Almost there!

The fruits of the first roast, an Ethiopian Yirgacheffe

The fruits of the first roast, an Ethiopian Yirgacheffe

May was an incredibly busy month for me, in all areas of life but especially for this budding coffee roasting business. On May 1st I sat in my banker's office and hit "Purchase" on the Coffee Crafters website, and a week later an Artisan 6M showed up in neighboring Tama, Iowa.

It had to sit tight for two weeks while the question of "Where do we put this thing?" had to be answered. Originally I had planned on setting up shop in our basement, but the cost of getting a dingy basement room in a 1920s-era house ready for coffee production was going to cost too much money and it wasn't a permanent home anyway.

Luckily, a suitable facility and a supportive landlord was located in pretty short order, and our new roasting facility is located in nearby Montour, Iowa. So on the last Friday of May, I fired up the roaster for the first time and did a beautiful-looking medium roast of an Ethiopian Yirgacheffe.

The Artisan 6M is designed to be an affordable, easy to operate "working man's" roaster, with a goodly roasting capacity (up to 6 lbs/batch) and a minimalist approach to the controls. It is what's called a "fluid bed" design in that it uses a vertical column of forced, heated air to both roast and agitate/move the beans. So the only two controls you worry about as you're roasting are watts/heat and "bean loft"/"fan speed." I also have hooked up inside the hopper a thermometer that communicates wirelessly to my iPad, where I use the excellent roasting app,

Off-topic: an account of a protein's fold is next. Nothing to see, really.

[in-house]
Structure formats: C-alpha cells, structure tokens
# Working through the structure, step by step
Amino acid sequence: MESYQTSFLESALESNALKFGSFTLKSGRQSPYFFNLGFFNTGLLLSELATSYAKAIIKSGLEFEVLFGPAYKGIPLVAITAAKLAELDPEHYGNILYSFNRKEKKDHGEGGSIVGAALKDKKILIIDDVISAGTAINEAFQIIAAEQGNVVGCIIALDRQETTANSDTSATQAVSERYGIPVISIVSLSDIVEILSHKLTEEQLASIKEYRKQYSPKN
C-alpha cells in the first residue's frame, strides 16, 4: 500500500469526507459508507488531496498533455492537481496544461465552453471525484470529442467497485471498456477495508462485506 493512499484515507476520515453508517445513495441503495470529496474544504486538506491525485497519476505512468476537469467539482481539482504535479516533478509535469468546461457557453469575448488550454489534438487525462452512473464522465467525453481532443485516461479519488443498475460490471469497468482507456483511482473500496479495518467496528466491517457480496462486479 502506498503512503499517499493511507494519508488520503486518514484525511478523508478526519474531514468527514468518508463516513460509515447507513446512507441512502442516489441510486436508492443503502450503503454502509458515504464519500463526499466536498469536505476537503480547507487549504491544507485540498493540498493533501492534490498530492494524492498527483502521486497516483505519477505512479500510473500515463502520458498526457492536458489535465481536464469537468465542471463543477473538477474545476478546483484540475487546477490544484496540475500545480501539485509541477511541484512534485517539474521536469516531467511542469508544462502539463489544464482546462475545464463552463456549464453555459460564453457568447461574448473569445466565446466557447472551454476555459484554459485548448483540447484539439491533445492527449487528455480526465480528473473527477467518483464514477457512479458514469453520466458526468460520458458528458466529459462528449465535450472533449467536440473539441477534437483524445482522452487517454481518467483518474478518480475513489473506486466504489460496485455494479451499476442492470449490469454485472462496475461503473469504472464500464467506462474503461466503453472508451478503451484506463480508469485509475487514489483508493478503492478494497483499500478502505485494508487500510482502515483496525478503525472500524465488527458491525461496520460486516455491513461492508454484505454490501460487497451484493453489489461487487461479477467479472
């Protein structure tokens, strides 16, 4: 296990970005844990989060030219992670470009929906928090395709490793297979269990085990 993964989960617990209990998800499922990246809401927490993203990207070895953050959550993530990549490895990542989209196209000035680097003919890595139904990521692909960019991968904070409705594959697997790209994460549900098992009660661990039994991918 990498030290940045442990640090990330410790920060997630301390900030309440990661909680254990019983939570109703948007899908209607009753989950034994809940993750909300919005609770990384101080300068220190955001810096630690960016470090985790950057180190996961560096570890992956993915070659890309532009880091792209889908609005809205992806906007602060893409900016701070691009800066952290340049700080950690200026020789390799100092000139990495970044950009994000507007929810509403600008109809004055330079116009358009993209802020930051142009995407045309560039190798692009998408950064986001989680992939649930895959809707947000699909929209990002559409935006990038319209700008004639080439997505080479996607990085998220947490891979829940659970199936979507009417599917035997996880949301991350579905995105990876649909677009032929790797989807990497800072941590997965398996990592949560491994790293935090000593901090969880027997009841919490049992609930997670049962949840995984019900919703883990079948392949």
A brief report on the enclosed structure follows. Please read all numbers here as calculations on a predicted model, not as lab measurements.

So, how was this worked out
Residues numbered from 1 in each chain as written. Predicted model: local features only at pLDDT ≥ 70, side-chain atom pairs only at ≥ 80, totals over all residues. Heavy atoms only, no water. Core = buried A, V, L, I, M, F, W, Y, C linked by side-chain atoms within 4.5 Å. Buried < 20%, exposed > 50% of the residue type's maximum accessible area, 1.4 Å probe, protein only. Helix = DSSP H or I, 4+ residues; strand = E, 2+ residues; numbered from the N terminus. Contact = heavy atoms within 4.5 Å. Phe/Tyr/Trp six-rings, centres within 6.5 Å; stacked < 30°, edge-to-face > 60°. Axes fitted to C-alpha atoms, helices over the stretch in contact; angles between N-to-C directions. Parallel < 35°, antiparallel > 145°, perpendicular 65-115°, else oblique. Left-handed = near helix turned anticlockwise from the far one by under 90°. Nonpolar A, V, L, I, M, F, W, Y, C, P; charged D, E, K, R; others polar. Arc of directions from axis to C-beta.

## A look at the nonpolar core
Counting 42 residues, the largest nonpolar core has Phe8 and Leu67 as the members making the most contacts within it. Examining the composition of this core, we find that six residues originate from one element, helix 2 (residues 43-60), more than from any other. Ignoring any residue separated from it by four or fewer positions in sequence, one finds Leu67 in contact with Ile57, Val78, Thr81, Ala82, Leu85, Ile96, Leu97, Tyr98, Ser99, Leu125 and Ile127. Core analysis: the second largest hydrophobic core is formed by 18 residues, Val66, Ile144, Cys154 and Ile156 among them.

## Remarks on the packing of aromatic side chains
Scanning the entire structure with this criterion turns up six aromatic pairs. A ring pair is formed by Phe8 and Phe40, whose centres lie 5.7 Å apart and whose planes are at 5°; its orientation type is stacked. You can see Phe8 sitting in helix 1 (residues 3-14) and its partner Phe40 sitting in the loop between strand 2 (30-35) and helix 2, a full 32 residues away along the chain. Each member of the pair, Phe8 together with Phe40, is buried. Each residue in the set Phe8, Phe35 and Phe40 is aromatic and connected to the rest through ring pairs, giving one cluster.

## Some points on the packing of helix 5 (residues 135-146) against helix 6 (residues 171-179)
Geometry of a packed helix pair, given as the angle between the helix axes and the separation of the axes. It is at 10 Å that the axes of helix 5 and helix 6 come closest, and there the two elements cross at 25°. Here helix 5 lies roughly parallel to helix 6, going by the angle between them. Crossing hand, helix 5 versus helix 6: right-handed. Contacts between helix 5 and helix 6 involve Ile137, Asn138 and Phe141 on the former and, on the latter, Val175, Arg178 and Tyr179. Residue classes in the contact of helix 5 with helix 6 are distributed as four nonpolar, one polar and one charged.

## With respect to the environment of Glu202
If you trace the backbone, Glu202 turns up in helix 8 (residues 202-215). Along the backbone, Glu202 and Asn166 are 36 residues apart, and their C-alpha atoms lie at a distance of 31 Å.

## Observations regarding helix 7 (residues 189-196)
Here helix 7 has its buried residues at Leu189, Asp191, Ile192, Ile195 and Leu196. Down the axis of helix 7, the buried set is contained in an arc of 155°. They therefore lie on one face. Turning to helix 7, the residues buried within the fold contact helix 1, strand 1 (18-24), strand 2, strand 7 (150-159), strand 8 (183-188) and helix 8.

Roastmaster  (which I had been using since February on the bread machine, just without temperature readings). First roast on this thing and it went flawlessly. I haven't roasted on it since, and I'm dying to get back on it!

A look at the whole unit; from left to right: chaff collector & iPad, roaster/hopper, cooling tray

A look at the whole unit; from left to right: chaff collector & iPad, roaster/hopper, cooling tray

We do, however, have a few more hurdles to clear before we can really say we're "open for business." There are a few more facilities details to work out in my rented space, and then a state inspection which will hopefully go smoothly and result in my licensing to operate as what the state calls a "food processing plant." Then I can really start the work of new business development, seeking out new customers and markets, etc.

It's been a crazy month, and I'm still juggling a few other things that make it a bit challenging to focus more attention on this new business, but that's set to shift over the summer and by the end of August, I hope to have already announced some great new business partnerships.

And I'm already thinking ahead to a year down the road, when my lease is up. Will we outgrow our space in a year and already be looking for more dedicated space? Time will tell...

Posted on June 2, 2015 .